On 20 August Czech Members of Parliament voted to dissolve the lower house of parliament, after three months of political deadlock and crisis in the wake of a corruption scandal that forced former Prime Minister Petr Nečas to resign in June. There will be new elections in October.
All parties now have a chance to outline for voters how they will strengthen the country’s governing institutions and continue the fight against corruption. The first challenge for politicians contesting the next election, however, will be how to restore public confidence in politics.
Czech citizens are deeply distrustful of politicians, political parties and politics in general. Even before the latest scandal, Transparency International’s Global Corruption Barometer 2013 public opinion survey found that 59 per cent of respondents saw the parliament/legislature as corrupt or extremely corrupt, 71 per cent saw public officials and civil servants as corrupt or extremely corrupt, and 73 per cent felt that political parties were corrupt or extremely corrupt.
Those contesting the next elections will need to guarantee the strength and independence of public prosecutors and the judiciary, ensure that those charged with corruption face trial, and demonstrate that the electoral process is free and fair.
An end to impunity
Despite widespread support for the recent law enforcement actions to stop corruption, there are some worrying signs. Three former MPs arrested in June, who are alleged to have resigned their positions in parliament in return for lucrative state company jobs, have already had charges against them dropped on the grounds of parliamentary immunity. Other politicians have also complained that the judiciary is not sufficiently sensitive to peculiarities of political life, a euphemistic turn of phrase that appears to suggest that those in power want a two-tier justice system.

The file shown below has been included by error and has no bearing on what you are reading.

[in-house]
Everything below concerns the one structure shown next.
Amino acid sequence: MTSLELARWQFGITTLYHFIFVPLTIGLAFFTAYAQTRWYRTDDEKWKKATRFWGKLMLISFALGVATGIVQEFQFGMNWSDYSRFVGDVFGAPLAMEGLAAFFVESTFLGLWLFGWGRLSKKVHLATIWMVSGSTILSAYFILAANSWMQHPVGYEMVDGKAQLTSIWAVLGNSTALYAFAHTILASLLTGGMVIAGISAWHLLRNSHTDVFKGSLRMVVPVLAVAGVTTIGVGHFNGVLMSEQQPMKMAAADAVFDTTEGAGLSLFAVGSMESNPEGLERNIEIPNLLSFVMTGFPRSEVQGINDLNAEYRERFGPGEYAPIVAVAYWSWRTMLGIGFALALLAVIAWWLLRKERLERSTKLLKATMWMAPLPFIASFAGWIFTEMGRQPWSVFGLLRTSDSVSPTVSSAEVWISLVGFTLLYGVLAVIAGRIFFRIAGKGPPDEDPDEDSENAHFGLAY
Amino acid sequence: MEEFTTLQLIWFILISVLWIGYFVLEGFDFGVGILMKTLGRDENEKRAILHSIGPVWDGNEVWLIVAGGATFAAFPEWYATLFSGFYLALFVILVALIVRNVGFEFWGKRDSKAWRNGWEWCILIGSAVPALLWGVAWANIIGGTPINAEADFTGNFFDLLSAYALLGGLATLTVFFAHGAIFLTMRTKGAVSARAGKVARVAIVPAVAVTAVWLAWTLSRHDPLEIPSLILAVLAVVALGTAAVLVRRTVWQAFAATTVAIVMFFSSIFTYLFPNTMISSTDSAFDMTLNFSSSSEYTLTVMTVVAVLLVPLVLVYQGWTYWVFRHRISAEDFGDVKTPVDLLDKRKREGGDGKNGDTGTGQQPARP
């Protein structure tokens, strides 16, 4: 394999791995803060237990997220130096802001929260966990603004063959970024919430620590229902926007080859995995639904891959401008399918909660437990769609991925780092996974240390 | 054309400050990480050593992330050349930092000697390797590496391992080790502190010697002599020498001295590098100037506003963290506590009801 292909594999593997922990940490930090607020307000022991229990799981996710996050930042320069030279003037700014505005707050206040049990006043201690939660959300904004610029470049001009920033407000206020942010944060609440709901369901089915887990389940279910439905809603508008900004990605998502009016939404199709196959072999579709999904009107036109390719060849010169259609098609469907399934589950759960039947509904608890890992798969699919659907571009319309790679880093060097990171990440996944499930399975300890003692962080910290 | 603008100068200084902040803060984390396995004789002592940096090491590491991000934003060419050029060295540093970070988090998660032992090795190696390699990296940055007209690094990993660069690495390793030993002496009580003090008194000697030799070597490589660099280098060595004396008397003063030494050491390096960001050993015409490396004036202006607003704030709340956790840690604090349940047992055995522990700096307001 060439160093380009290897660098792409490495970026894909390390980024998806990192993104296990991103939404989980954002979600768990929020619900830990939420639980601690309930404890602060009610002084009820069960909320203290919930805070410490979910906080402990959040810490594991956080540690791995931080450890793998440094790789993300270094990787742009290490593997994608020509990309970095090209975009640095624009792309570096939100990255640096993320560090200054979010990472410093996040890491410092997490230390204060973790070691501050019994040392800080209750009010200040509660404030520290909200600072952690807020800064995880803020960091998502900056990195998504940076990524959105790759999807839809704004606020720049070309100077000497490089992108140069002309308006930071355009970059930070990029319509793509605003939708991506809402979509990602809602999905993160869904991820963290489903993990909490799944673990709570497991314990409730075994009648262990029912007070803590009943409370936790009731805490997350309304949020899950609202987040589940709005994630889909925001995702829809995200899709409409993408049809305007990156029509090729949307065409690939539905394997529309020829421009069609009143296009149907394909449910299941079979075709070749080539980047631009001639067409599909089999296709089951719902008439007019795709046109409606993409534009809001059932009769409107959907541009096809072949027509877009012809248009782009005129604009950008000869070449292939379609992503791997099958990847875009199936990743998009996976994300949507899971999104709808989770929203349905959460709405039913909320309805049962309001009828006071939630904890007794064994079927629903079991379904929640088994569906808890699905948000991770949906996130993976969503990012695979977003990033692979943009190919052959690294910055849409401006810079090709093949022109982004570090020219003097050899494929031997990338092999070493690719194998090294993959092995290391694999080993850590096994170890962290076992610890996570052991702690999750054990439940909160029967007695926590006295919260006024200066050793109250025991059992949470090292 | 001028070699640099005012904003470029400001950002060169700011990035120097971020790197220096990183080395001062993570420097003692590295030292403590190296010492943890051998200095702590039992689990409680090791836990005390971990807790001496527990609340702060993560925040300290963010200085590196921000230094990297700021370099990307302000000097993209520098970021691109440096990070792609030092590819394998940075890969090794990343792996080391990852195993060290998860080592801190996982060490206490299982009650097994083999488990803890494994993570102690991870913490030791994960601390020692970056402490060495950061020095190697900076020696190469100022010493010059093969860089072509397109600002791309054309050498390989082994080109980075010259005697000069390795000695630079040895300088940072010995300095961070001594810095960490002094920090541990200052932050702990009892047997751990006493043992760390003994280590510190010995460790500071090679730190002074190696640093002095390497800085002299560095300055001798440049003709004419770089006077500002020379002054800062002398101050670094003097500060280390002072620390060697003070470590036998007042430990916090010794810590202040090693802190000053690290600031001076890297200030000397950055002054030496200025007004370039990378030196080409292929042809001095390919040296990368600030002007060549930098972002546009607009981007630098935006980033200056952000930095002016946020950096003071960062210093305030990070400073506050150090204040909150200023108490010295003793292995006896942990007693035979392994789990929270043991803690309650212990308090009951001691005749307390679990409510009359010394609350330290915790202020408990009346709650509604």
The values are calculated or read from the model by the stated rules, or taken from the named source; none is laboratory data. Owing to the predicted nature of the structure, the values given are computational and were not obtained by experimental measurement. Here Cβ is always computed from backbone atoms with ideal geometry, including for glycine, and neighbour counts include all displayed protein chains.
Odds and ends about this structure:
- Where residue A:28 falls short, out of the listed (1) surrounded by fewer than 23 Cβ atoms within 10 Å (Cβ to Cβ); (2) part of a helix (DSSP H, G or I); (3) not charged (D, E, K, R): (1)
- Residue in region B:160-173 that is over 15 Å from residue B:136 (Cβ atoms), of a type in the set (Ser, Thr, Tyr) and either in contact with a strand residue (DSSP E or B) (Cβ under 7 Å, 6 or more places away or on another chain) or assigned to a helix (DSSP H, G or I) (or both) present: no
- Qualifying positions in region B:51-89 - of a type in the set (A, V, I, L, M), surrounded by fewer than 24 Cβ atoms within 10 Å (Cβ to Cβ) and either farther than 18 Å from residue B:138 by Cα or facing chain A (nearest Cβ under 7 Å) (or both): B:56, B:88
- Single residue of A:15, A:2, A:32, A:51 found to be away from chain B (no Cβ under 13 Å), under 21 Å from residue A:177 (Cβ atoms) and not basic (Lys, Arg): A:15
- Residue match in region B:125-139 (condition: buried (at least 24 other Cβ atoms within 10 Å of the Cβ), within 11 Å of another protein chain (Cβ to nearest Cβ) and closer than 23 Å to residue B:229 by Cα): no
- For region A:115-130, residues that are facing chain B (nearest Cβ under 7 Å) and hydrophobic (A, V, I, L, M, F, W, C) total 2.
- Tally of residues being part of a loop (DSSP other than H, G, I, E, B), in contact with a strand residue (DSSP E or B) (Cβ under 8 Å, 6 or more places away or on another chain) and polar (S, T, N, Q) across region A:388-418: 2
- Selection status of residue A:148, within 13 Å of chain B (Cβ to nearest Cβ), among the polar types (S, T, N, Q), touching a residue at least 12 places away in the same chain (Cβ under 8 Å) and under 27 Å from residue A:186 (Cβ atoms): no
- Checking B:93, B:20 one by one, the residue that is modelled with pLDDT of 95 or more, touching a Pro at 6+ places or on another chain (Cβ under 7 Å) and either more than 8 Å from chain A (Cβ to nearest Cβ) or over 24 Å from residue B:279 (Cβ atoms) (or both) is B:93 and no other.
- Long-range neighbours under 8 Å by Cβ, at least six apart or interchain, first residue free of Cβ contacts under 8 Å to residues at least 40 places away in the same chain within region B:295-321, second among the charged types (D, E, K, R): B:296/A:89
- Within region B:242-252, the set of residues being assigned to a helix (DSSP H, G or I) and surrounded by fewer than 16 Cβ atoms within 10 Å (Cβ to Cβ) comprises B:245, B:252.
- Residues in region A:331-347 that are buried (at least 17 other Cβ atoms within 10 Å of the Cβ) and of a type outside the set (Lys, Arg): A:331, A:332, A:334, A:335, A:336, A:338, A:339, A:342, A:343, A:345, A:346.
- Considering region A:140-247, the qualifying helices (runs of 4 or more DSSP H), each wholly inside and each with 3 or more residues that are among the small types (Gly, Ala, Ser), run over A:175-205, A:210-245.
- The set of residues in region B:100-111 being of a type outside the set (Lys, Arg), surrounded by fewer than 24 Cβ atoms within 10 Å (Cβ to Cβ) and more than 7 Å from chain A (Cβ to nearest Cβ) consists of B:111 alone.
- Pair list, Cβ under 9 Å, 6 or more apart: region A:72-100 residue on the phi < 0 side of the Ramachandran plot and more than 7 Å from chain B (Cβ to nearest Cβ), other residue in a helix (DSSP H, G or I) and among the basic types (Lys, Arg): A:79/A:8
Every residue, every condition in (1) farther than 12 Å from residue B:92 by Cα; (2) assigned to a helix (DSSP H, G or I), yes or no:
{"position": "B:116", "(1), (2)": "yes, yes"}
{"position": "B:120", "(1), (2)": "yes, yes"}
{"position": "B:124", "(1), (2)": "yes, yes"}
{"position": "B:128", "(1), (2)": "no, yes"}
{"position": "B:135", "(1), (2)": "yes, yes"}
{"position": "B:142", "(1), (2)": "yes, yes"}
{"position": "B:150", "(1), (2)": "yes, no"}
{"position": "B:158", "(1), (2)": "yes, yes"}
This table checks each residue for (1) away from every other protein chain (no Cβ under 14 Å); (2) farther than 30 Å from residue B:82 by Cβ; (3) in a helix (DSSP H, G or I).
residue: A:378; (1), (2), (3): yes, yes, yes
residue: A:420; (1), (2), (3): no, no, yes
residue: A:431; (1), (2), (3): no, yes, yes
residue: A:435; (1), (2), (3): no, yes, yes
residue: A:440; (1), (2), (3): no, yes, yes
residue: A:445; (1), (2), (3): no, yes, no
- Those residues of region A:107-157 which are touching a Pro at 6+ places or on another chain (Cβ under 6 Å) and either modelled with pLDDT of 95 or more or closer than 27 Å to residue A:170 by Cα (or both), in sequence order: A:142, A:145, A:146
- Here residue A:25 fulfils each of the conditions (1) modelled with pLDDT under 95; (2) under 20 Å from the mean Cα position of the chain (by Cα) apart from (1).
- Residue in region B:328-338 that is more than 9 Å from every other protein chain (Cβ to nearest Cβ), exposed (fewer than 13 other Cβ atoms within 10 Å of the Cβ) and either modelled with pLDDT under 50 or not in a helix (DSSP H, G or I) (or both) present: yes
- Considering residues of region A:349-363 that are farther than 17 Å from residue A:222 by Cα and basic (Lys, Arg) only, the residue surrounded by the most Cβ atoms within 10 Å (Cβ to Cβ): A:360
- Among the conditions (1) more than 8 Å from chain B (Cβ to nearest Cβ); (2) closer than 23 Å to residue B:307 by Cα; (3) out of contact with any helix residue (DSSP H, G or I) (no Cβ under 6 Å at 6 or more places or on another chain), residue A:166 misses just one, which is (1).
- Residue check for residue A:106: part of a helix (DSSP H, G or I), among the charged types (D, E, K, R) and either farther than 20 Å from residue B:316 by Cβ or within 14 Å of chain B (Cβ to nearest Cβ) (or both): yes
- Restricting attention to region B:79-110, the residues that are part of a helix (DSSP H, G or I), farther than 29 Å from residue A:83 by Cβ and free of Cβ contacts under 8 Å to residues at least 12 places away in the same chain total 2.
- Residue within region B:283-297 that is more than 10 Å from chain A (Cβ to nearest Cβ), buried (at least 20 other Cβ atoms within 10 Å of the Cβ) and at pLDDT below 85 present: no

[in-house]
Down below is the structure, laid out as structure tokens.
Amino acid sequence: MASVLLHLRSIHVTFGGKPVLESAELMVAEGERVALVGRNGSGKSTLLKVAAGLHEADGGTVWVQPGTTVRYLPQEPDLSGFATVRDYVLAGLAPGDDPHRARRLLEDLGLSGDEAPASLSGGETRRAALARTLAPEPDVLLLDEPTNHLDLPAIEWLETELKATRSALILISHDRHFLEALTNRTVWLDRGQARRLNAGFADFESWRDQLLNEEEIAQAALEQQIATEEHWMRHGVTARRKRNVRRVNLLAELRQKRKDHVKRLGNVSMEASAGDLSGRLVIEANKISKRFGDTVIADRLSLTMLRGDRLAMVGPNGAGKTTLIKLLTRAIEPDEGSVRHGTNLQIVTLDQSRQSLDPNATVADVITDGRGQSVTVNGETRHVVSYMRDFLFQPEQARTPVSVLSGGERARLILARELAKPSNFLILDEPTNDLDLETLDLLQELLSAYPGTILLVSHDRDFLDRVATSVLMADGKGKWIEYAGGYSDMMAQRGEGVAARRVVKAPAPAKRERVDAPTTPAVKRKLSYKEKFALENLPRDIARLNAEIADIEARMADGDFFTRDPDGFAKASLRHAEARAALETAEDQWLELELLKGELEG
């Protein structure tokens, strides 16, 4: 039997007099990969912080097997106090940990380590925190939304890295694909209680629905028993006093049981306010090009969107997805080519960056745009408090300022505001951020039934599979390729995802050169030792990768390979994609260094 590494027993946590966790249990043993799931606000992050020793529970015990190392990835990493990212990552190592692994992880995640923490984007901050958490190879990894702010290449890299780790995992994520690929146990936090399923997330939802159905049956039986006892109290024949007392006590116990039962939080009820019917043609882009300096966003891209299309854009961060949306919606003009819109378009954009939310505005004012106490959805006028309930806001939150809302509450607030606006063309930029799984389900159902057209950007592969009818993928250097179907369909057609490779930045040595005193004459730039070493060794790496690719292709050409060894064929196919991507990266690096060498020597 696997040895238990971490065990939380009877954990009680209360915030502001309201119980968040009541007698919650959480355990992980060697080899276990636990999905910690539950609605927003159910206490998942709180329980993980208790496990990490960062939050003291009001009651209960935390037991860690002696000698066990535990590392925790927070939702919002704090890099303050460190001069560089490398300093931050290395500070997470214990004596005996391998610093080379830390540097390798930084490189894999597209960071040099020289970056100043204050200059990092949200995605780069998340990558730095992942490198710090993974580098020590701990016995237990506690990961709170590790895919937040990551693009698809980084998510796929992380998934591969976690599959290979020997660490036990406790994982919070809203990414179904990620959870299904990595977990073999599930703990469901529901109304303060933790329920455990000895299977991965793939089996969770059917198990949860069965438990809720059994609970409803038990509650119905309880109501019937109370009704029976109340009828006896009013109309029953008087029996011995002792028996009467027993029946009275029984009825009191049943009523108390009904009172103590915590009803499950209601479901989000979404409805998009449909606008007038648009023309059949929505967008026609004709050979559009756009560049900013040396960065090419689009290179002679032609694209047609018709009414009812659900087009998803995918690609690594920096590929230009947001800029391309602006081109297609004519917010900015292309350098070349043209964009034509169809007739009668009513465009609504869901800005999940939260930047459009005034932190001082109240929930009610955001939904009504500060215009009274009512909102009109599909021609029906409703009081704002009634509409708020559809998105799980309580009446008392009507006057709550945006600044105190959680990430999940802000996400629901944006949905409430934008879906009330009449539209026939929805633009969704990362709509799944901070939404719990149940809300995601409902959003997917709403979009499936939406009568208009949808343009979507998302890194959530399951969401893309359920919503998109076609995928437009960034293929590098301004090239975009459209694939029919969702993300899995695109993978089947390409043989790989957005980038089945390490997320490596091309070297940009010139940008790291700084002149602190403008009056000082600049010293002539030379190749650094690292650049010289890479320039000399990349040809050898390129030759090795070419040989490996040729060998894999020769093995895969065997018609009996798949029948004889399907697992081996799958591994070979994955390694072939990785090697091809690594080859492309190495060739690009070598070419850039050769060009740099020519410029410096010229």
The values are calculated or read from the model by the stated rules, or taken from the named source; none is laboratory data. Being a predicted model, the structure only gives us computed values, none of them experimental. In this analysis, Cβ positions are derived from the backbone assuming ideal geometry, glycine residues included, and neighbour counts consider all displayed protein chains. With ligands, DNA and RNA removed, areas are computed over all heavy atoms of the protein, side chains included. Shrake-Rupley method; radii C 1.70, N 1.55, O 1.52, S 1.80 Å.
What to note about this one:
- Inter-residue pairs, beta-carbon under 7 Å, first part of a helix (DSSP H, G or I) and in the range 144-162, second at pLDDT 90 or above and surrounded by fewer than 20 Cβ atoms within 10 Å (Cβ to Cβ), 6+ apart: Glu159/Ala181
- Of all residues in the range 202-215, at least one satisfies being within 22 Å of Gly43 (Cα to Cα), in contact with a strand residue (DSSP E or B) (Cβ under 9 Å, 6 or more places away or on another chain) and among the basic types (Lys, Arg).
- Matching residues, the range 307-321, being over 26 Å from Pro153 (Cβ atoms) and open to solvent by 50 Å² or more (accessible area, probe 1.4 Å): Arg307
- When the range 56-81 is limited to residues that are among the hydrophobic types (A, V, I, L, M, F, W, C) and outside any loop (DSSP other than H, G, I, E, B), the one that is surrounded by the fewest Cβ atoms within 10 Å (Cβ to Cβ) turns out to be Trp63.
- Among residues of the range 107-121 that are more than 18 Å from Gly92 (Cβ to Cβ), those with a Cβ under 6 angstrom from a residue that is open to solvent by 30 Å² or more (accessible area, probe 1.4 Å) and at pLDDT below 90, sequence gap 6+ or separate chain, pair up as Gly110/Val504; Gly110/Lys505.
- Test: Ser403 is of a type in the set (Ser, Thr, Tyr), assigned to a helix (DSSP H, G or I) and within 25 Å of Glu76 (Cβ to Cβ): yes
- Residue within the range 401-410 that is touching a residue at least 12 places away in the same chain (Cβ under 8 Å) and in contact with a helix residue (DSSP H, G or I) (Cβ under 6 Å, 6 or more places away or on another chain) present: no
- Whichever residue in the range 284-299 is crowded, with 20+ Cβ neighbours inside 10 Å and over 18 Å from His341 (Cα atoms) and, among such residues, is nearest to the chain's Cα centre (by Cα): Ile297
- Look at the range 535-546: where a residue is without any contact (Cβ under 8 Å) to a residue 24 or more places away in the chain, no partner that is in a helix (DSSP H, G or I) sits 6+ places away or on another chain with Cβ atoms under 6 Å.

“Instead of politicians expressing their confidence in the judiciary, some politicians began to attack law enforcement and prosecutors. They wanted a different approach in criminal justice for politicians than for normal citizens; freedom from political interference for law enforcement must be protected,” according to Radim Bureš, Programme Director of Transparency International Czech Republic.
Former Prime Minister Nečas, who was elected on an anti-graft platform and is credited with distancing state institutions from politicians, spoke out against prosecutors after the police raids, calling the situation a “prosecutors’ coup d’état”.
The judicial process against Jana Nagyova, the alleged mistress of Nečas and former government official at the heart of the corruption and spying scandal, will be a key test of the strength of the country’s institutions.
In order to ensure that the campaigning in the run-up to the snap elections is accountable, Transparency International Czech Republic will be monitoring party sponsors and campaign costs, and looking at the incomes and expenditures of each party. Transparency International Czech Republic monitored the presidential campaign earlier this year, and plans to build on that experience.
– David Ondráčka, Executive Director, Transparency International Czech Republic
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